Chaperone proteins work to ensure correct protein folding and function in cells. The more chaperone activity taking place, the less damage in the form of dysfunctional protein machinery at any given time. Artificially boosting forms of chaperone activity is a potential form of treatment for some of the causes and consequences of age-related degeneration, as it could turn back the clock on rising levels of misfolded and otherwise damaged proteins.
Aging is the most significant and universal risk factor for developing neurodegenerative diseases, such as amyotrophic lateral sclerosis (ALS) and Alzheimer's, Parkinson's and Huntington's diseases. This risk increases disproportionately with age, but no one really knows why. Now a team of [scientists] has uncovered some clues. The researchers are the first to find that the quality of protective genes called molecular chaperones declines dramatically in the brains of older humans, both healthy and not, and that the decline is accelerated even more in humans with neurodegenerative disease.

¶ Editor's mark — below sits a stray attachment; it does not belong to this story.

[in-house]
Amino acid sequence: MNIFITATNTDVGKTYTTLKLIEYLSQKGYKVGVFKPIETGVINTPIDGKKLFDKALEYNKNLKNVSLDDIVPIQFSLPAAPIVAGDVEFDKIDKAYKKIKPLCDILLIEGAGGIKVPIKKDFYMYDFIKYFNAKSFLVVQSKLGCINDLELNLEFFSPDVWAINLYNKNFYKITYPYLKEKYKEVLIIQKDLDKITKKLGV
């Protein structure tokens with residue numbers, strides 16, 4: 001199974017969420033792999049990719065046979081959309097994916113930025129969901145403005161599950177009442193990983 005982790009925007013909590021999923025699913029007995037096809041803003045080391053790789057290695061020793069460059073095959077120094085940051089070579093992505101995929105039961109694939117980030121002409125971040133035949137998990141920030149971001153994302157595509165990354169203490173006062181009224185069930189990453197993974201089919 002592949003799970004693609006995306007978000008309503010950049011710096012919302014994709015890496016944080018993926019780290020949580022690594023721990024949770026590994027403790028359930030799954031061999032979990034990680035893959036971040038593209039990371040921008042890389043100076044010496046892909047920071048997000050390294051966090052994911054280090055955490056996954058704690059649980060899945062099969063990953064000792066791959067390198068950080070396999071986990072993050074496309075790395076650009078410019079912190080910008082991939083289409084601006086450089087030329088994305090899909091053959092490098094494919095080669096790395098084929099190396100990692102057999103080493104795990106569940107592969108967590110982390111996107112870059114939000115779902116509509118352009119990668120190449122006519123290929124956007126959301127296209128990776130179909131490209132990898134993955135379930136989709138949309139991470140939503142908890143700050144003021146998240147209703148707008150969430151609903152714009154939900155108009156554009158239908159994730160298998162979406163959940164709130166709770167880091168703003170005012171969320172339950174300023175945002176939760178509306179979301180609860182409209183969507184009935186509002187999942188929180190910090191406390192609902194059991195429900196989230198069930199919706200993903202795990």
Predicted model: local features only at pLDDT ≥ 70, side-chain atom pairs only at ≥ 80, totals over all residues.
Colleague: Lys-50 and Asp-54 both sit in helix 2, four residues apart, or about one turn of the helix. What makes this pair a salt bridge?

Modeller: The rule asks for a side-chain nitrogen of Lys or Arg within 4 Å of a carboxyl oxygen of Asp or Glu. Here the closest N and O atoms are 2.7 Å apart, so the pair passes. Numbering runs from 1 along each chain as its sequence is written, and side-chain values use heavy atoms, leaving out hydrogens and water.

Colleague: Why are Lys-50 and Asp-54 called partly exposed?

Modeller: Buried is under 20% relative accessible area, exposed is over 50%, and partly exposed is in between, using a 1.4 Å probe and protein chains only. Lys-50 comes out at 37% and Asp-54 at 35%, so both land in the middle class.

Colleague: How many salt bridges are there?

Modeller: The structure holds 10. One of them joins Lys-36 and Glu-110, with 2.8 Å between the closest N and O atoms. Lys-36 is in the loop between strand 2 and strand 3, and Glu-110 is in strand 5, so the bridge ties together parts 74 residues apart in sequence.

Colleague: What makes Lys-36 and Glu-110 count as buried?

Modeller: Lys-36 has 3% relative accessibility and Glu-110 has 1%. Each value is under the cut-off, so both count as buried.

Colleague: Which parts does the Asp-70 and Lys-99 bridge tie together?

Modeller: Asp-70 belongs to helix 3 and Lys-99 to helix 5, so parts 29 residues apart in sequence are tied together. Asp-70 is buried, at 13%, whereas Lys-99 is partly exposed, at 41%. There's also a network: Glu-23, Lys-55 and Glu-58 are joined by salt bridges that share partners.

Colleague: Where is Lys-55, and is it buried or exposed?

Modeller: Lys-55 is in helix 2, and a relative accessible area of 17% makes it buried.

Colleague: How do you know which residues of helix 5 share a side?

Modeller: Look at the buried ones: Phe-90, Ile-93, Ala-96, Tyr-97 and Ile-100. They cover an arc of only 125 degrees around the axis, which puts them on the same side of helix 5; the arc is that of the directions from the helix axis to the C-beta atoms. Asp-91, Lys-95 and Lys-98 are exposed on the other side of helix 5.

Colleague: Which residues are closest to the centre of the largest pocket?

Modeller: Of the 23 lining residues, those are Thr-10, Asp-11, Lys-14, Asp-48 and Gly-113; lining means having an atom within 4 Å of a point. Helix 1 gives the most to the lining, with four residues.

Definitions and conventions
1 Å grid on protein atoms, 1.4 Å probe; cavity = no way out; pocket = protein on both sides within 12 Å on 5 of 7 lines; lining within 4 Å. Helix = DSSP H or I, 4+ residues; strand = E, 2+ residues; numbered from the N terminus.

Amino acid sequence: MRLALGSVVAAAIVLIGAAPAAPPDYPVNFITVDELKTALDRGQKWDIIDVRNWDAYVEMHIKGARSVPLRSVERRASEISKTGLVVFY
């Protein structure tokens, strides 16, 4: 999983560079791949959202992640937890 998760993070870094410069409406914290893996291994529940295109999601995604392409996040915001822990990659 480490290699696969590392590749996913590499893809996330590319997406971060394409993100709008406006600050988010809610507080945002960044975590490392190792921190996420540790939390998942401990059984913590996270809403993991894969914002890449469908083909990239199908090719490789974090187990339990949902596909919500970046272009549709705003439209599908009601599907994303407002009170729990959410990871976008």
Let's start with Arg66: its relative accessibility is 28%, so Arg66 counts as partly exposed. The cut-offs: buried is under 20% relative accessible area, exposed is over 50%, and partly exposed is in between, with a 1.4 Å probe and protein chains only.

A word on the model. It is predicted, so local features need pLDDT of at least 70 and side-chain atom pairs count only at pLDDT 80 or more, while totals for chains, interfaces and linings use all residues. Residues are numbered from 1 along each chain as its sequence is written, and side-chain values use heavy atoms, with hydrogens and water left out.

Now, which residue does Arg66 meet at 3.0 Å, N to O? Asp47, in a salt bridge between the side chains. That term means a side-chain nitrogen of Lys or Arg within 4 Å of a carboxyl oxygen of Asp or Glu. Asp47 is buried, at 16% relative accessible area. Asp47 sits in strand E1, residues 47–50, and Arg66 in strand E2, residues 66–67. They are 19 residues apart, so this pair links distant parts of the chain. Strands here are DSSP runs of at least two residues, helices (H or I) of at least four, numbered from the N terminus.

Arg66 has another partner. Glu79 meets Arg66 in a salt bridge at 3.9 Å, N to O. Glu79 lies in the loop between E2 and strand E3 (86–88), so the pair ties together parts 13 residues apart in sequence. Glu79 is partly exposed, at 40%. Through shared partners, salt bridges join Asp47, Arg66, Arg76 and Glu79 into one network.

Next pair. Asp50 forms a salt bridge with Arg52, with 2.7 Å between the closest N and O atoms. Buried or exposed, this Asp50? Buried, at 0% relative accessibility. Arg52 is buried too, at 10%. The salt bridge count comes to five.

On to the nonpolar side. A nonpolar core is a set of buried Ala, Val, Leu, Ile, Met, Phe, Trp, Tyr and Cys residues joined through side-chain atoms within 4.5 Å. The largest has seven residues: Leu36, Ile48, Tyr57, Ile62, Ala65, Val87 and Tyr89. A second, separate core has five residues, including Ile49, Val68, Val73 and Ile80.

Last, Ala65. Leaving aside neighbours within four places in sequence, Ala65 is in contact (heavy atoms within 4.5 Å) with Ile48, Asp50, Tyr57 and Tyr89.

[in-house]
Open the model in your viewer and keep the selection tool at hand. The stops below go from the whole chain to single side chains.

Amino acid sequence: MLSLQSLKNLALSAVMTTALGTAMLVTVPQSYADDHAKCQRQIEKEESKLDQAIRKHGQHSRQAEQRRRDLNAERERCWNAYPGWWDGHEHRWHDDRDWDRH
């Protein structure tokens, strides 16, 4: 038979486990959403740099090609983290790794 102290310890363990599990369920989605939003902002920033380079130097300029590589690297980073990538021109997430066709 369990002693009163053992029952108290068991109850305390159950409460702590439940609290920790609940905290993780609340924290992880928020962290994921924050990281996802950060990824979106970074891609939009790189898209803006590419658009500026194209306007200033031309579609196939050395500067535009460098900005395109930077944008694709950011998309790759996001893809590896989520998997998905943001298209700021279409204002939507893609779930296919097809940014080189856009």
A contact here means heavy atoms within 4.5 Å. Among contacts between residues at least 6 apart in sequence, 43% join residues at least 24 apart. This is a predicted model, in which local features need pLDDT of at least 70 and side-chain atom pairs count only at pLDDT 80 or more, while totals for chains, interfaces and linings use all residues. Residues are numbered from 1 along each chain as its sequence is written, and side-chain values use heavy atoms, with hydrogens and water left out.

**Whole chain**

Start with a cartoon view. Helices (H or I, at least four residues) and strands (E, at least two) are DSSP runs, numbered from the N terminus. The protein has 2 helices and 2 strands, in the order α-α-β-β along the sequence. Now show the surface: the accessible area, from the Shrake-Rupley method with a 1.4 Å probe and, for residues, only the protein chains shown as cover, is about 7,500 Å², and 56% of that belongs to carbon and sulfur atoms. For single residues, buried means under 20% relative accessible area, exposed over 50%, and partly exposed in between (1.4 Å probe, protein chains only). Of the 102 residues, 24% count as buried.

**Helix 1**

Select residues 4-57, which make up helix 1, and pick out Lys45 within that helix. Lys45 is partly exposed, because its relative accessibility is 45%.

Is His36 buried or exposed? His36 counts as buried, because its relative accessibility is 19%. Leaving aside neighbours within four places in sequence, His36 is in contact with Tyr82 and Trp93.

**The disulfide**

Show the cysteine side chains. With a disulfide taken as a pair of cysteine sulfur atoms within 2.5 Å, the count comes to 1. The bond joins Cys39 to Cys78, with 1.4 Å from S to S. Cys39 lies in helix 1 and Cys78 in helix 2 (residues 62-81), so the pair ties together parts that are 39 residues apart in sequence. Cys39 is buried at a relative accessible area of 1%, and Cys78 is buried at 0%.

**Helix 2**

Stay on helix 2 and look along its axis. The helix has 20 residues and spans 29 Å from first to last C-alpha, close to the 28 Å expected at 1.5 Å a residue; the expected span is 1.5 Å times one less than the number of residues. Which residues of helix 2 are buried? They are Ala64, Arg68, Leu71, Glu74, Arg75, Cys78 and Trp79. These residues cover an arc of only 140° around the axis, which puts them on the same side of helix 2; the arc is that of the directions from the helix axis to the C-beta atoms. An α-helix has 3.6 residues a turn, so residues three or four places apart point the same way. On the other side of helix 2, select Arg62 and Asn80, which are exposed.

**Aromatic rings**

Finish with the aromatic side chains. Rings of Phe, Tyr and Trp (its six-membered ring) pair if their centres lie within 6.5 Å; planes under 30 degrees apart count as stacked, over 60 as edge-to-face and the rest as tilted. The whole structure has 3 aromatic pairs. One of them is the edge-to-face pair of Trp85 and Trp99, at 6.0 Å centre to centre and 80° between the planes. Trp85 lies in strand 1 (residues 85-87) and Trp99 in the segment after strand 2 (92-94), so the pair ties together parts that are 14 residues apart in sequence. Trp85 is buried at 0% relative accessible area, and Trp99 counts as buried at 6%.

Molecular chaperones are a special set of highly conserved genes that watch over cells, keeping them and the entire organism healthy by preventing protein damage. The researchers specifically found the decline in 100 genes, approximately one-third of all human molecular chaperone genes. Then, with additional studies, they winnowed that number down to 28 human genes specifically involved in age-associated neurodegeneration. These critical genes provide a basis for a biomarker, an early indicator of disease and a target for new therapeutics.
"Imagine if we had biomarkers that tell doctors how you are doing in terms of aging, warning of any problems long before neurological deficits appear. This would be a remarkable tool, especially considering the increases in life expectancy in many parts of the world. Let's say a person is age 50, but we see his molecular chaperones have declined and aren't repairing proteins and cellular damage. The chaperones are acting more like age 85 or 90. That's a sign that medical intervention could help. Molecular chaperones really are the barrier we have between disease and no disease. If this critical system declines, it leads to misfolded and damaged proteins, and eventually tissues become dysfunctional and die. If we can keep the chaperones healthy, we should be able to keep the person healthy. The next step is to understand the basis for the decline of these specific chaperones and to develop treatments that prevent their decline. The goal is not to make people live forever but rather to match health span more closely with life span - to improve the quality of life being lived."